For Maryland, the future finally has depth and no sanctions

March 15, 1992|By Don Markus | Don Markus,Staff Writer

CHARLOTTE, N.C. -- There are no more games or practices for the Maryland basketball team, no more midnight flights or early morning shootarounds, no more wild swings of emotion that accompany a 14-15 team through a season that ended here Friday afternoon.

But, more significantly, there will be no more shackles, either. After their 94-87 loss to top-ranked Duke in the quarterfinals of the Atlantic Coast Conference tournament, the Terrapins are without NCAA sanctions for the first time in two years. They will, ++ however, remain on probation until the end of the 1992-93 season.

"It's good to be going into next season like everyone else," said Maryland coach Gary Williams with a catch in his throat and a smile on his face.

It will be the first time since the 1989-90 season -- Williams' first as coach at his alma mater -- that the Terps will be eligible for postseason competition. And it will also be the first time in nearly five years that some sort of cloud isn't hanging over the Maryland program.

There won't be any questions about the head coach's future or about key players thinking of transferring or about whether blue-chip recruits would be headed to College Park. The loss of Walt Williams, the ACC's leading scorer this season, won't be nearly as devastating as it might have been a year ago.

"Hopefully, we'll build on this," Gary Williams said of his team's more-than-respectable showing against the Blue Devils, as well as a season that ended with four victories in its last six games. "We lose a great player in Walt Williams. He's just been fantastic for us all year in terms of what he's given us and the University of Maryland. But we'll be able to go from here."

What Walt Williams gave the Terps, aside from more than 26 points a game this season and the school's most electrifying player since Len Bias, was hope. He instilled it in his teammates as well as in those who will follow him to Maryland. When Evers Burns got down, he talked to Walt. When DeMatha point guard Duane Simpkins got frustrated, he talked to Walt.

"He told me to enjoy my senior year in high school," Simpkins said recently. "To go out and have fun."

Simpkins, a Parade All-American, will lead Maryland's best recruiting class in 20 years onto the campus next fall, a recruiting class that could be the best in the country if Johnnie Rhodes, a 6-foot-5 shooting guard, and Stacey Robinson, a 6-7 forward, qualify under the guidelines of Proposition 48.

While Simpkins, 6-7 swingman Exree Hipp out of Harker Prep in (( Potomac, and 6-8 forward Mario Lucas of Memphis will be in Maryland uniforms next season -- as well as 6-8 forward James Spears, a transfer from Temple -- the only questions concern Rhodes, a former Washington prep star now at Maine Central Institute, and Robinson, who was suspended from the DuVal High School team this year because of academic problems.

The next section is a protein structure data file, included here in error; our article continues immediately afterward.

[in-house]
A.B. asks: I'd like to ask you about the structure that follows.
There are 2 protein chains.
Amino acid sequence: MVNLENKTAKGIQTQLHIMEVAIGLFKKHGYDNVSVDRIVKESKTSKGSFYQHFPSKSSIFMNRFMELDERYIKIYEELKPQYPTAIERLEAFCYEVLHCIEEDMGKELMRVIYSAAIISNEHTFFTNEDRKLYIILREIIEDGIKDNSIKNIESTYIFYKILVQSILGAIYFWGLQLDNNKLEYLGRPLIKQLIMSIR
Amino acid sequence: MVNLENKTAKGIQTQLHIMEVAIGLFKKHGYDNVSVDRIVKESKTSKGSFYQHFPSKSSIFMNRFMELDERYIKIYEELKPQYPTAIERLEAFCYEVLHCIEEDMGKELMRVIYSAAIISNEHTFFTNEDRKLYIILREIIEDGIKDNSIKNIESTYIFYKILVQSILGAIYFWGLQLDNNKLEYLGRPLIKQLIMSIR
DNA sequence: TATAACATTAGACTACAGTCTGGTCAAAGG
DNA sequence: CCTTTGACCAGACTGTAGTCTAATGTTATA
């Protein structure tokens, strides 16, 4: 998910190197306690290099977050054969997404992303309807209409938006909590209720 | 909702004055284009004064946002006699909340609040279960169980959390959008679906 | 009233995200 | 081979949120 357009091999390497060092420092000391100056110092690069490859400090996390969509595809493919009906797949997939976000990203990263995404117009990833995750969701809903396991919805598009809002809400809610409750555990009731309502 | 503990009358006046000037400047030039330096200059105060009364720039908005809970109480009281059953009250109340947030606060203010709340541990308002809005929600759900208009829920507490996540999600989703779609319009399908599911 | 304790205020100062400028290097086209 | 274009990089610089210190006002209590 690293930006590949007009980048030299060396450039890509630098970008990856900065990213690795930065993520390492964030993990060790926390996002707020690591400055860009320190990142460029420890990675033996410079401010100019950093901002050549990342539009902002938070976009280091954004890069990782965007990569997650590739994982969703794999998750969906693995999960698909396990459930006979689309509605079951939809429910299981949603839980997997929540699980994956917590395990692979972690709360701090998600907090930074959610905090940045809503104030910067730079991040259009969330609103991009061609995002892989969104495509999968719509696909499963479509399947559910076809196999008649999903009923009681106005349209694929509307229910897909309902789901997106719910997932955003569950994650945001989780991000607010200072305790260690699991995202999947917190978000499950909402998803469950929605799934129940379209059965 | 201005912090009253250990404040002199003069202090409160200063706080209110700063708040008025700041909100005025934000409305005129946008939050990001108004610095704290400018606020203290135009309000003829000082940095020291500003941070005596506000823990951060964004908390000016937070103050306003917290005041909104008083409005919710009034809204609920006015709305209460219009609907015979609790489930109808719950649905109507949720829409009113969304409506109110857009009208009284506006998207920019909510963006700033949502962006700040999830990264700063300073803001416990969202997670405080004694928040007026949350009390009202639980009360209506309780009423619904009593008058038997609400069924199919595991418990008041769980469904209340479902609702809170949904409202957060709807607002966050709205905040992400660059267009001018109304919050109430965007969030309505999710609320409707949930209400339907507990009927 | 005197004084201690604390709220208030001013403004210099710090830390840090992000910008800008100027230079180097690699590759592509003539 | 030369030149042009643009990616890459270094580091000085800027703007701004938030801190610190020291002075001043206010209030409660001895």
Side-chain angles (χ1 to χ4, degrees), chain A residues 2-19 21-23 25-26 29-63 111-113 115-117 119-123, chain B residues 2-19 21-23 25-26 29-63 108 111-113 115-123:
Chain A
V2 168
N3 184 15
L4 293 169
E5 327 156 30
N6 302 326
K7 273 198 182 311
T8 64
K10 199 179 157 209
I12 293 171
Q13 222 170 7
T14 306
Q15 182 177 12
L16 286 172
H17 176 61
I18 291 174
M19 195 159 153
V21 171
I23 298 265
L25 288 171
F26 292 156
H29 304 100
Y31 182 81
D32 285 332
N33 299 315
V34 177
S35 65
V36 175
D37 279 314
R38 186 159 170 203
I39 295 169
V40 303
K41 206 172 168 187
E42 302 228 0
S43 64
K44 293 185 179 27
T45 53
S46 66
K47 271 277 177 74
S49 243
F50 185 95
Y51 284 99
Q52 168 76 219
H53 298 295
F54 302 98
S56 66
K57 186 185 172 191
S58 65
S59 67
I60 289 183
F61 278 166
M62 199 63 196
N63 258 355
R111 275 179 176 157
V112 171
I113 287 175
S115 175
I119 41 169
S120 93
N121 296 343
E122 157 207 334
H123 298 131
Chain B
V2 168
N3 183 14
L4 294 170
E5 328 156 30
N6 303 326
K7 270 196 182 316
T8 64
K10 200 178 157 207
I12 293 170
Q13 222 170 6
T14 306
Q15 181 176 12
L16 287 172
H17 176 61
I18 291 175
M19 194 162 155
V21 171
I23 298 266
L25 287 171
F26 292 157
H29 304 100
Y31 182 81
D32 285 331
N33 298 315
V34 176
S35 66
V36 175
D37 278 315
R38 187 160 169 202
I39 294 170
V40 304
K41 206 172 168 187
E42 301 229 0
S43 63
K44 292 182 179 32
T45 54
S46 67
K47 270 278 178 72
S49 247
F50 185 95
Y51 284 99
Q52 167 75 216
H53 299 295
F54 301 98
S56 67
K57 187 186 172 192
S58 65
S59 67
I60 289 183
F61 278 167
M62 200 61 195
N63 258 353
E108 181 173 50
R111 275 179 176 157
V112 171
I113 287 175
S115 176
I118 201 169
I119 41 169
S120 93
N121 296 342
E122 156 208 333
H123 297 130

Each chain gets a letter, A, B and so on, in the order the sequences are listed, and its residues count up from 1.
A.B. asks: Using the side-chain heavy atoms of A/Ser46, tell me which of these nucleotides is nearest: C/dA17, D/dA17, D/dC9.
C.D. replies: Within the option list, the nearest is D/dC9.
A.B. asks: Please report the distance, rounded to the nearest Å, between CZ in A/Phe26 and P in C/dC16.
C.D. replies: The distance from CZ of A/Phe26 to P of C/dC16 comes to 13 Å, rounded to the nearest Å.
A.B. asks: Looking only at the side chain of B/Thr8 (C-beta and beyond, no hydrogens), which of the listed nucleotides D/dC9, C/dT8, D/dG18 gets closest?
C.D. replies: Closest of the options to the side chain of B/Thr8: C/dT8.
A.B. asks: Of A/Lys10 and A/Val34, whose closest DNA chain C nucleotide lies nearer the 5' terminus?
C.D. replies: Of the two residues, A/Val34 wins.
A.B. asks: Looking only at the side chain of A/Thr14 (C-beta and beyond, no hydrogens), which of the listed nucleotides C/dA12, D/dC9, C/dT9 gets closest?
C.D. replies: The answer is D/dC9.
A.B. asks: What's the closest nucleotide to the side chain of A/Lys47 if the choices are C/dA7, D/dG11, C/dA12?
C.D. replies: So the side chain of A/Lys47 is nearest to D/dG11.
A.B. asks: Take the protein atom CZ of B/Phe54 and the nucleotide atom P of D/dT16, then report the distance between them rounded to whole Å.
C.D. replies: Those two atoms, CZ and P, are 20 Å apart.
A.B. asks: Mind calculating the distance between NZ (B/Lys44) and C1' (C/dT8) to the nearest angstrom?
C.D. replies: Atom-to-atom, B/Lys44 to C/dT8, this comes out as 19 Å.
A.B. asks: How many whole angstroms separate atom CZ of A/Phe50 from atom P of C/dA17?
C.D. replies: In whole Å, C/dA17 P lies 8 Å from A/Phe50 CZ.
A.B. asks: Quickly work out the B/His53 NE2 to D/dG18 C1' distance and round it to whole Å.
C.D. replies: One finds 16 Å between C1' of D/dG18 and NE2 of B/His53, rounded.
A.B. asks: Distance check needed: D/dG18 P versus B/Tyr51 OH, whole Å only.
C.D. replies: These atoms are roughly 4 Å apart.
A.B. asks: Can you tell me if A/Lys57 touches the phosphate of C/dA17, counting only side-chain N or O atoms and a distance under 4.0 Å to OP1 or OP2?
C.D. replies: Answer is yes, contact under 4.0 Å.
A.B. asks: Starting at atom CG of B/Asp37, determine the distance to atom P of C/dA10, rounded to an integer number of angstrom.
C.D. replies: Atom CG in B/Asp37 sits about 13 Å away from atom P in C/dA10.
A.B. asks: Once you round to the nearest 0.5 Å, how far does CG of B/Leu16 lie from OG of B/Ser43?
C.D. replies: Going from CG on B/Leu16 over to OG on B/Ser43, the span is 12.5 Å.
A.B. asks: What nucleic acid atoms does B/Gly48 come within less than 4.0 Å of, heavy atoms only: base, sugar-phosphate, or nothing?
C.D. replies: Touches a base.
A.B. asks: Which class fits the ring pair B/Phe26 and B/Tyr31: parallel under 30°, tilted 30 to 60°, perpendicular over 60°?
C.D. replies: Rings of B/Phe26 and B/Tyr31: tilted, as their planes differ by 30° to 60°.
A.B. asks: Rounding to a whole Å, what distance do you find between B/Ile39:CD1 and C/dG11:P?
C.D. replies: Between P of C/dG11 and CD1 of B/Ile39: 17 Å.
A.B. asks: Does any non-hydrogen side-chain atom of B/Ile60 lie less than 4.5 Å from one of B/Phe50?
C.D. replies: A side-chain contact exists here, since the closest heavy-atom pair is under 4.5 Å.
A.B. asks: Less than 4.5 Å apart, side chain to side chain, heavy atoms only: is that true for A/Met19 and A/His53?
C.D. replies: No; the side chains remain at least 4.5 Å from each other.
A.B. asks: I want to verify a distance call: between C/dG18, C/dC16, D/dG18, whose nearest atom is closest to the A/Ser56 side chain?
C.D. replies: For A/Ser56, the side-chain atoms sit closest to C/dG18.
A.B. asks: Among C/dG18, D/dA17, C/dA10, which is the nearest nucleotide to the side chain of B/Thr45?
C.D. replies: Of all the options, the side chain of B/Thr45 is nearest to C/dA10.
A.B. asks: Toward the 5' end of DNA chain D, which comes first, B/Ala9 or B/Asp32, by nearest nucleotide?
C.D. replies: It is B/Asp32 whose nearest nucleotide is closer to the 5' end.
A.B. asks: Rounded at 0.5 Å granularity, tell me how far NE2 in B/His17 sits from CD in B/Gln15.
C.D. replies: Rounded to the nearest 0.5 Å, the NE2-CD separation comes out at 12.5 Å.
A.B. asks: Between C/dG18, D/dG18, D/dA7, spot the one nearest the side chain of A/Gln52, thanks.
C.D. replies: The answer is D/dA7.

"With the guys we have coming back, and the young guys we have coming in, we have the makings of a pretty good team," said junior point guard Kevin McLinton, who with Burns will be the leaders next season. "And then when you add in a coach like Gary Williams, you've got the makings of a great team."

McLinton and Burns are prime examples of players who benefited from the circumstances that left Maryland a little short of bodies, not to mention talent, the past couple of years. Barely recruited out of high school, both have become solid ACC players and in the case of Burns, a burgeoning star.

After averaging 4.3 points and 2.7 rebounds as a freshman, and 7.7 points and 3.7 rebounds as a sophomore, the 6-8, 247-pound junior from Woodlawn became the ACC's most improved player this season. He averaged close to 16 points and more than seven rebounds, shot better than 50 percent and capped off the year with a 25-point, 10-rebound performance against the Blue Devils Friday.

"I was tough on Evers at the start of the year," said Gary Williams. "He didn't realize how good he is, and how good a player he can become. It's been fun to watch him develop into one of the better inside players in the league. He's got a legitimate chance to play after college."

While the better players had to push themselves in practice the past couple of years, those who return next season will have plenty of competition -- if not for starting jobs, then at least for playing time. Freshman reserves John Walsh, Wayne Bristol and Kurtis Shultz also showed signs of becoming valuable role players next season.

What Gary Williams will have for the first time since coming to Maryland is quality depth and quickness. No matter how hard Vince Broadnax worked, no matter how tough Garfield Smith was until he got hurt, no matter how quietly efficient Matthew Downing played, they were strictly blue-collar types in a world of blue-chippers.

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